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Letters to the Editor Abortion: Common ground?

Bravo for asking the question "Does abortion allow for common ground?" on Sunday and offering voices from each side of the issue.

Bravo for asking the question "Does abortion allow for common ground?" on Sunday and offering voices from each side of the issue.

Too bad that the abortion-rights advocate, Planned Parenthood's Dayle Steinberg, did not answer your question! As a matter of fact, Steinberg never mentioned the word abortion in her statement. In contrast, Edel Finnegan of the Pro-Life Union of Southeastern Pennsylvania included the singular form of the word abortion several times in her essay.

Instead, Steinberg wrote about "reproductive health," a term she applied a couple of times in a commentary that was supposed to be about abortion.

I find the use of the term reproductive health from a representative of the organization that is responsible for most abortions in the United States to be oxymoronic. After all, there's nothing reproductive about abortion or planned de-parenthood.

Marybeth T. Hagan


I was surprised that both sides seem not to stress a fundamental part of this hot topic: poverty. Of the 15,000 abortions each year in Philadelphia, 84 percent were for unmarried women. I would be curious to know what the percentage is who live in poverty. I am sure it is very high. Poverty brings on many ills. A young girl living in poverty does not have the access that a young girl in a higher economic bracket has to a better education and health care.

Maria O'Hara

West Chester

Both writers missed one main point. The government should not interfere with anyone's private life, nor should religious views (dogma) enter any governmental discussion or judicial decision.

Our Founding Fathers knew that there should be a separation of religion and state. They realized that one religious group should not dictate to another religious group what to do or how to do it.

Richard J. Harwood


I'm certain all compassionate, well-intentioned people believe that human life should be valued, and that liberty and the pursuit of happiness are rights that must be protected. The question is, when does an individual life become human?

Edel Finnegan states that it "is the scientific fact that human life begins at conception." But this depends on the definition of "human"; for the formation of a unique genetic arrangement is no more an example of "humanity" than is any other arrangement of potentially sentient protein.

John Brodsky


While I agree with Dayle Steinberg that all women need good information and access to birth control in order to reduce and, it is hoped, end abortions, unless I missed it, I could not help but notice that nowhere in the article was the term life, baby, or fetus mentioned. All references about seeking common ground mentioned terms such as reproductive-health issues, unintended pregnancies, etc. It is as if the writer forgot these babies already exist and shows no interest in saving them.

Mary McWilliams


My problem with the so-called religious among us is trying to find the basis for their claim that a conscious decision to destroy a fetus before it can become a human baby is equivalent to the murder of a human being.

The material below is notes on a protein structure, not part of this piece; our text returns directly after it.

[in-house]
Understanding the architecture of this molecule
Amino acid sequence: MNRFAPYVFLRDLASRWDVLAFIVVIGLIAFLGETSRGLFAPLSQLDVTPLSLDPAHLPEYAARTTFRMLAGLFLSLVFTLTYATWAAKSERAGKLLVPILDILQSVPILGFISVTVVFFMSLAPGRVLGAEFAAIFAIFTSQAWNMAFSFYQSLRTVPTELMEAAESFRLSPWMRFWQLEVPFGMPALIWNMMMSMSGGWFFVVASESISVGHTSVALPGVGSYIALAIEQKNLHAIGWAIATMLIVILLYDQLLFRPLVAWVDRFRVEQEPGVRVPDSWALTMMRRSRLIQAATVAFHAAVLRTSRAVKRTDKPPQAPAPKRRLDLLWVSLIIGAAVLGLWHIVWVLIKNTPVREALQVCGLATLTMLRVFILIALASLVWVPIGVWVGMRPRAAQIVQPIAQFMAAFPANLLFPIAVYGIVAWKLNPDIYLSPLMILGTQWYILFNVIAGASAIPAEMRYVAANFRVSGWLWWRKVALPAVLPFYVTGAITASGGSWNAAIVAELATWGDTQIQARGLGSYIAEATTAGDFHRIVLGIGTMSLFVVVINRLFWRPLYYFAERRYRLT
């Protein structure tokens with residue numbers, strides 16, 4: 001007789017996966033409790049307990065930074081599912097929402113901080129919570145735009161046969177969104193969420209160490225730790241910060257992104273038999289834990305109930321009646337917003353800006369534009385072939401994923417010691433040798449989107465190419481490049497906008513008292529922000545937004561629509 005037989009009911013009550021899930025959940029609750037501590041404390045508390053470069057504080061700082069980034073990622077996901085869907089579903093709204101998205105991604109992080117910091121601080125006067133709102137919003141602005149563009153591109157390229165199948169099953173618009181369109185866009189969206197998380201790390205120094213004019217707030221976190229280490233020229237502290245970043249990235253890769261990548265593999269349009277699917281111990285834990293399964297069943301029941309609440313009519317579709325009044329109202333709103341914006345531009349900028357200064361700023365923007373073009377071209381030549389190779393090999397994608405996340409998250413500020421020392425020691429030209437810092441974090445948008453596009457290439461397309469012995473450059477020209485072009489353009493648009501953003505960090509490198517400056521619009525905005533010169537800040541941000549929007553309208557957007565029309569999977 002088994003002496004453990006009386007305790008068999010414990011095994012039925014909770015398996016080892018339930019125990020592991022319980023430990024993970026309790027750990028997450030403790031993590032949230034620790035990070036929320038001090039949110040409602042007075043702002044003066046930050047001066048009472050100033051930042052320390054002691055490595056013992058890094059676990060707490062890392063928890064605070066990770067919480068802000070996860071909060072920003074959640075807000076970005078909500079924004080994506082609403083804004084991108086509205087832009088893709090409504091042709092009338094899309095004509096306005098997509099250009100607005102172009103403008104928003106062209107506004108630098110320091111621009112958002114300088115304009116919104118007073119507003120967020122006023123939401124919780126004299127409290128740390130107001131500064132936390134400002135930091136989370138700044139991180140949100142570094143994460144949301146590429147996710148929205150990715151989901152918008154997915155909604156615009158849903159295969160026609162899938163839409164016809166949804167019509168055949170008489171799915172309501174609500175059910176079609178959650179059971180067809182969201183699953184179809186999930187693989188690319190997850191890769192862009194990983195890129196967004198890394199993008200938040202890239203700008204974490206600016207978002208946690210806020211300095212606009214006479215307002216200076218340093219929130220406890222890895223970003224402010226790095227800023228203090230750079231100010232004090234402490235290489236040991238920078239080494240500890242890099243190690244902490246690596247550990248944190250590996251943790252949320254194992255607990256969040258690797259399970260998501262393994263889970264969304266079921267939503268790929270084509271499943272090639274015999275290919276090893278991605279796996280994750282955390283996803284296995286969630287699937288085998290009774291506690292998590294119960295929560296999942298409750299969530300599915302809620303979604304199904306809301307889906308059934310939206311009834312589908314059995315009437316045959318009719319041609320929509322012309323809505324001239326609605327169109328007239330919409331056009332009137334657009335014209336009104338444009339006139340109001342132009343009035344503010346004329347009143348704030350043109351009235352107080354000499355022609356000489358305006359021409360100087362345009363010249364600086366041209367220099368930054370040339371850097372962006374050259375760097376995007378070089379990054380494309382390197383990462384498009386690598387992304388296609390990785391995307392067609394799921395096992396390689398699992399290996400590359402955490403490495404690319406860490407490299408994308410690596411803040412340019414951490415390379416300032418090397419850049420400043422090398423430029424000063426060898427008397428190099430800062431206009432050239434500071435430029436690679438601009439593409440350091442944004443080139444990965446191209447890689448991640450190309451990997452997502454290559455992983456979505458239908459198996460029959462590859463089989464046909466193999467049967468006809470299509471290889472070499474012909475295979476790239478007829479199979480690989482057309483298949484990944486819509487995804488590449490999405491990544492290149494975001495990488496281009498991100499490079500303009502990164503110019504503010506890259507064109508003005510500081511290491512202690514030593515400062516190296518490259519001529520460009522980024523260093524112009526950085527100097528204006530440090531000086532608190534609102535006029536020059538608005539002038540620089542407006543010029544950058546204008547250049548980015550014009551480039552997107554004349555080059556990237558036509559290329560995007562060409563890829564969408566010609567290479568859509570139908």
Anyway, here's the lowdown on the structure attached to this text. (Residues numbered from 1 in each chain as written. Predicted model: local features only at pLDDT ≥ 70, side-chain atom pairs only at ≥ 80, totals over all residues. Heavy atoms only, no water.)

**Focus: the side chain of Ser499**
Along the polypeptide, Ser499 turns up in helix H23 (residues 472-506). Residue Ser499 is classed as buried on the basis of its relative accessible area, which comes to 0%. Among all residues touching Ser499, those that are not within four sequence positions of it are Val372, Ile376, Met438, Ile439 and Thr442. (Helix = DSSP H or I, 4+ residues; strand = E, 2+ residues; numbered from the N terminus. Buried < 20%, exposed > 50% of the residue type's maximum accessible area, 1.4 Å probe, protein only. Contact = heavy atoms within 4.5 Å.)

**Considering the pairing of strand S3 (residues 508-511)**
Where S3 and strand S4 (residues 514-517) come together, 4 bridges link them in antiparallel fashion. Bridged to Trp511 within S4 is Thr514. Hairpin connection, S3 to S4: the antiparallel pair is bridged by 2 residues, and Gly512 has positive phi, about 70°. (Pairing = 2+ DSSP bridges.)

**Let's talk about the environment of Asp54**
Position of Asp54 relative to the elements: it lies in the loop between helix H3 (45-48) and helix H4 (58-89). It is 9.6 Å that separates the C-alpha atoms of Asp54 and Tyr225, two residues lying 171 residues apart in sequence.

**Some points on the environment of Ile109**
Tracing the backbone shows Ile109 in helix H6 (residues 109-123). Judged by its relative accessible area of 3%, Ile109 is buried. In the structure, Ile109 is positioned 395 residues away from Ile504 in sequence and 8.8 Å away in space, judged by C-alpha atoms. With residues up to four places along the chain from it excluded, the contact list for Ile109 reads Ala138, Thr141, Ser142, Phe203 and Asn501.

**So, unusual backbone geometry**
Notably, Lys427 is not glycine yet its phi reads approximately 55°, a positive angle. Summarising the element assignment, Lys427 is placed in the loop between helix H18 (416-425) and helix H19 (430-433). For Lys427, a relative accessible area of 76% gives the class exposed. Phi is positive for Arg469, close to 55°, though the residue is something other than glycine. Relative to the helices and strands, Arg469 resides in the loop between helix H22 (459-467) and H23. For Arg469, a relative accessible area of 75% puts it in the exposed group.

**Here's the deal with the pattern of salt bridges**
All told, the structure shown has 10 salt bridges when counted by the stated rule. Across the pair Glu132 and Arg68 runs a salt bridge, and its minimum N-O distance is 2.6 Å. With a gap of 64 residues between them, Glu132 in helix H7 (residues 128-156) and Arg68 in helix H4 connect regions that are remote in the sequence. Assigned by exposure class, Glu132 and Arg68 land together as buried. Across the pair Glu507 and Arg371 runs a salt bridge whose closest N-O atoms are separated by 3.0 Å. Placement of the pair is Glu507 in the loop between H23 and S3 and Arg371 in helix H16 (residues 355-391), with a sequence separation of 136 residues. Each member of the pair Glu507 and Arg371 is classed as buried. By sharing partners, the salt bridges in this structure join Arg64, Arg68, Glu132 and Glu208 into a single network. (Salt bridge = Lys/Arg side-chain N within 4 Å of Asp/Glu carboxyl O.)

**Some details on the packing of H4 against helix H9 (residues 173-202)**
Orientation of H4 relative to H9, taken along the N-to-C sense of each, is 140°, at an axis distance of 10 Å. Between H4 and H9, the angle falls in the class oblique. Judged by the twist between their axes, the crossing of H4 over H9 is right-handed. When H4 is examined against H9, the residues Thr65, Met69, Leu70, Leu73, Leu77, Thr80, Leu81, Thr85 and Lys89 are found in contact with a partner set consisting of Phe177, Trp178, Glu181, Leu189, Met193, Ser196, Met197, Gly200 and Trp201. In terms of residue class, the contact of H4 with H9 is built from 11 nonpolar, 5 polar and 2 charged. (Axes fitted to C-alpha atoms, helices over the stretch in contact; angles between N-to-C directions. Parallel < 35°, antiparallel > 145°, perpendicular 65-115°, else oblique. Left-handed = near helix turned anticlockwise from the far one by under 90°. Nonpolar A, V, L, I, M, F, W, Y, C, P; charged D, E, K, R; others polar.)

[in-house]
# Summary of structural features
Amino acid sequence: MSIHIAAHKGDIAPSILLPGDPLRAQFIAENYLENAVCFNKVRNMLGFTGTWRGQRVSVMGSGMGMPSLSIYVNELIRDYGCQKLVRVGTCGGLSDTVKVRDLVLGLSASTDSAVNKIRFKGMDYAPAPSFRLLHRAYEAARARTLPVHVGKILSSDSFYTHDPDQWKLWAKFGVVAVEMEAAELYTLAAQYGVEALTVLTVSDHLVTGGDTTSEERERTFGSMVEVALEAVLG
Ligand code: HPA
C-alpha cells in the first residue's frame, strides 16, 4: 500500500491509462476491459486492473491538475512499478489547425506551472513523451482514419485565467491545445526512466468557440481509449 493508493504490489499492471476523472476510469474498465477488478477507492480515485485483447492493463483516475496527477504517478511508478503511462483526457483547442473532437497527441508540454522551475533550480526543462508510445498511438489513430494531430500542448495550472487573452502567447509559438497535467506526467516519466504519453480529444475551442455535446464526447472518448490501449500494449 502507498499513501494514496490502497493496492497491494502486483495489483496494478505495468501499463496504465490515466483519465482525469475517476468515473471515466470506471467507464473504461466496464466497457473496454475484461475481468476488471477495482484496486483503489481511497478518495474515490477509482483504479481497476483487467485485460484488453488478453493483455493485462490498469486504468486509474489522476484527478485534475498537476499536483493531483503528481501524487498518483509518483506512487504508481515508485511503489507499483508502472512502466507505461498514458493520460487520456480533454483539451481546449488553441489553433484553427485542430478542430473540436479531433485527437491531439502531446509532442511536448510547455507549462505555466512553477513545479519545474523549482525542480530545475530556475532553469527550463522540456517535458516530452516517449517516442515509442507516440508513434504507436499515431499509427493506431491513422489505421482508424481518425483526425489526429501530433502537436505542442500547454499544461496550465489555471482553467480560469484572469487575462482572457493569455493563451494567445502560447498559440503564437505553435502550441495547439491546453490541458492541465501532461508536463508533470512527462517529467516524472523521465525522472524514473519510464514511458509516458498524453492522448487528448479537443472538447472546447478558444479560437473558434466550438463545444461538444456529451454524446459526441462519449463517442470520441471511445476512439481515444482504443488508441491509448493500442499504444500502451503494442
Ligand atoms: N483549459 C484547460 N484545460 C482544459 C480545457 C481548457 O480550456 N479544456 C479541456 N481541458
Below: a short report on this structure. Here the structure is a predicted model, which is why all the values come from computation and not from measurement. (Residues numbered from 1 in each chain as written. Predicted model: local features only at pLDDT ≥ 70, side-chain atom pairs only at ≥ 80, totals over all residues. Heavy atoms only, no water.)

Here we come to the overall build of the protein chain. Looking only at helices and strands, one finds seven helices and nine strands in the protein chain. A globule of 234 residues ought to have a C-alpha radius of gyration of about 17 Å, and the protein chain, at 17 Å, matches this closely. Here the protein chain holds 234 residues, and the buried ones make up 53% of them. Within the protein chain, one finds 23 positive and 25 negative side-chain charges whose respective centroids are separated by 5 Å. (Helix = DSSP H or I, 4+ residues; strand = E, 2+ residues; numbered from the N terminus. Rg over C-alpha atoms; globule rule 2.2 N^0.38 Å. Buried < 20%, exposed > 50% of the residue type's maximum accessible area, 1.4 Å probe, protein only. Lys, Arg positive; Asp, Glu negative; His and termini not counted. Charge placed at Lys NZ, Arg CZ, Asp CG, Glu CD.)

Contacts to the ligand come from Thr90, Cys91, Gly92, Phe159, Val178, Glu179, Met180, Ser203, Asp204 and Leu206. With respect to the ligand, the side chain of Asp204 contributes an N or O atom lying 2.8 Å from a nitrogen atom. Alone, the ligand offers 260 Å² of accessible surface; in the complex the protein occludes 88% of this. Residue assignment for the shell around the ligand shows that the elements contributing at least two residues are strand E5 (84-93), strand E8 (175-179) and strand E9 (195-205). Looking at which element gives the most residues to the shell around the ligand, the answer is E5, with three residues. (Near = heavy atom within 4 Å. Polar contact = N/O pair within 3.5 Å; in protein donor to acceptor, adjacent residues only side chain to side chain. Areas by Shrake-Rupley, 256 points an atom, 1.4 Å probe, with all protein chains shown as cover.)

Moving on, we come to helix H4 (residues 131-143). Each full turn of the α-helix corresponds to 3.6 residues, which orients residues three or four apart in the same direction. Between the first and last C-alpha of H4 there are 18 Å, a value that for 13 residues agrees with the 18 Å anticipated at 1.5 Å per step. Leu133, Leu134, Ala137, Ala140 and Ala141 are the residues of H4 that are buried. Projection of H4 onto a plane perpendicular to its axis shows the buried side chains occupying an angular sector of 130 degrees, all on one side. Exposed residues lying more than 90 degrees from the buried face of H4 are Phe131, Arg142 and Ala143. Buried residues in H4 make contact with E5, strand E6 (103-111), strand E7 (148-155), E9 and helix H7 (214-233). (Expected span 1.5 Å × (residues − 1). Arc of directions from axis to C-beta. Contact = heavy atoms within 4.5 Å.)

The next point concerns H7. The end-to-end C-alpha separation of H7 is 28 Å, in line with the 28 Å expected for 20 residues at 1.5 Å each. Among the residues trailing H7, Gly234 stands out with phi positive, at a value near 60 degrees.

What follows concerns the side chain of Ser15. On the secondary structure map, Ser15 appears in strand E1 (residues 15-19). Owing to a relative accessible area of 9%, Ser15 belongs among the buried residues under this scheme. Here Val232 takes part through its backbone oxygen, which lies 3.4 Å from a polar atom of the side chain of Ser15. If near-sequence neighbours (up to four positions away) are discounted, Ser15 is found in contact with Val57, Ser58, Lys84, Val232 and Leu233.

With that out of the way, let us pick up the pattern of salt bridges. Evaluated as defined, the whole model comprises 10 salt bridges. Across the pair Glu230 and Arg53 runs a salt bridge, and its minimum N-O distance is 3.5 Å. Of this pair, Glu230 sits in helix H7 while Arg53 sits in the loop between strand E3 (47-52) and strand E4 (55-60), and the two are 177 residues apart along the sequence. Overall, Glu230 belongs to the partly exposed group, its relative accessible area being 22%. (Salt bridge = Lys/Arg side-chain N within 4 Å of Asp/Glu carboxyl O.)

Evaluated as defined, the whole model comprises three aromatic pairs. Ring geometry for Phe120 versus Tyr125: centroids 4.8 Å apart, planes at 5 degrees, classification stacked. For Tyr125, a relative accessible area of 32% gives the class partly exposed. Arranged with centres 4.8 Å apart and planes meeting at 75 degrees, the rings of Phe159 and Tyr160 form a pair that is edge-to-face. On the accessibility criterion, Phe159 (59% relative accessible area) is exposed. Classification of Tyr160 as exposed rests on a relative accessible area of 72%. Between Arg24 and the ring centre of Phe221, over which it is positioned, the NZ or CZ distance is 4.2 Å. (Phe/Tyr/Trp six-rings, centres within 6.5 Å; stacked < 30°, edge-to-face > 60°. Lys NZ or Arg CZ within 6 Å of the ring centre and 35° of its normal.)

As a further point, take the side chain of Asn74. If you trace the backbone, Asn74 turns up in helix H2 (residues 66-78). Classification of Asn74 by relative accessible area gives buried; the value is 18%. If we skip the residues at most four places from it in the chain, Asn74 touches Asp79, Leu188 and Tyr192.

The devout Christian believes fervently in the Bible and insists that the Old Testament is composed of the words of God. This being the case, how does the devout Christian explain away God's revelation to us that a fetus is not equivalent to a human being born of a woman? How do they explain away the words found in Exodus 21:22-23? The answer is, they do not.

I personally am not pro-abortion. But not being a woman and having no real concept of what it must take to deal with an actual pregnancy, I find myself in the corner of those who call themselves pro-choice. A woman should have the right to decide whether her pregnancy should continue.

Ian Wachstein


Edel Finnegan will not admit that there is a religious and moral position on abortion that is different from her own. This allows her to distort her own position as the only religious and moral one.

Because of this distortion, which the news media have allowed to stand, the general public is left with the impression that proponents of abortion are all godless, immoral, selfish hedonists.

Ben Burrows

Elkins Park

The debate tends to ignore a natural fact of life: Close to half of fertilized human eggs do not make it to term naturally.

The most important way to prevent abortion is sex education. When all pregnancies are wanted, it will severely limit the incidence of abortion. This is true in many European countries, where abortion rates are very low and sex education is required as soon as children can understand what it's about.

Charlotte Glauser


How can there be a "scientific fact that human life begins at conception"?

Human life begins when God makes an image of God. There is no way to get any facts on that, one way or the other.

The National Catholic Bioethics Center offers this:

"While it is true that the church teaches that the intentional and direct destruction of human embryos is always immoral, it would be incorrect to conclude that the church teaches that zygotes (a single-cell embryo) or other early-stage embryos are persons, or that they already have immortal, rational souls. The magisterium of the church has never definitively stated when the ensoulment of the human embryo takes place. It remains an open question."

Jack Connor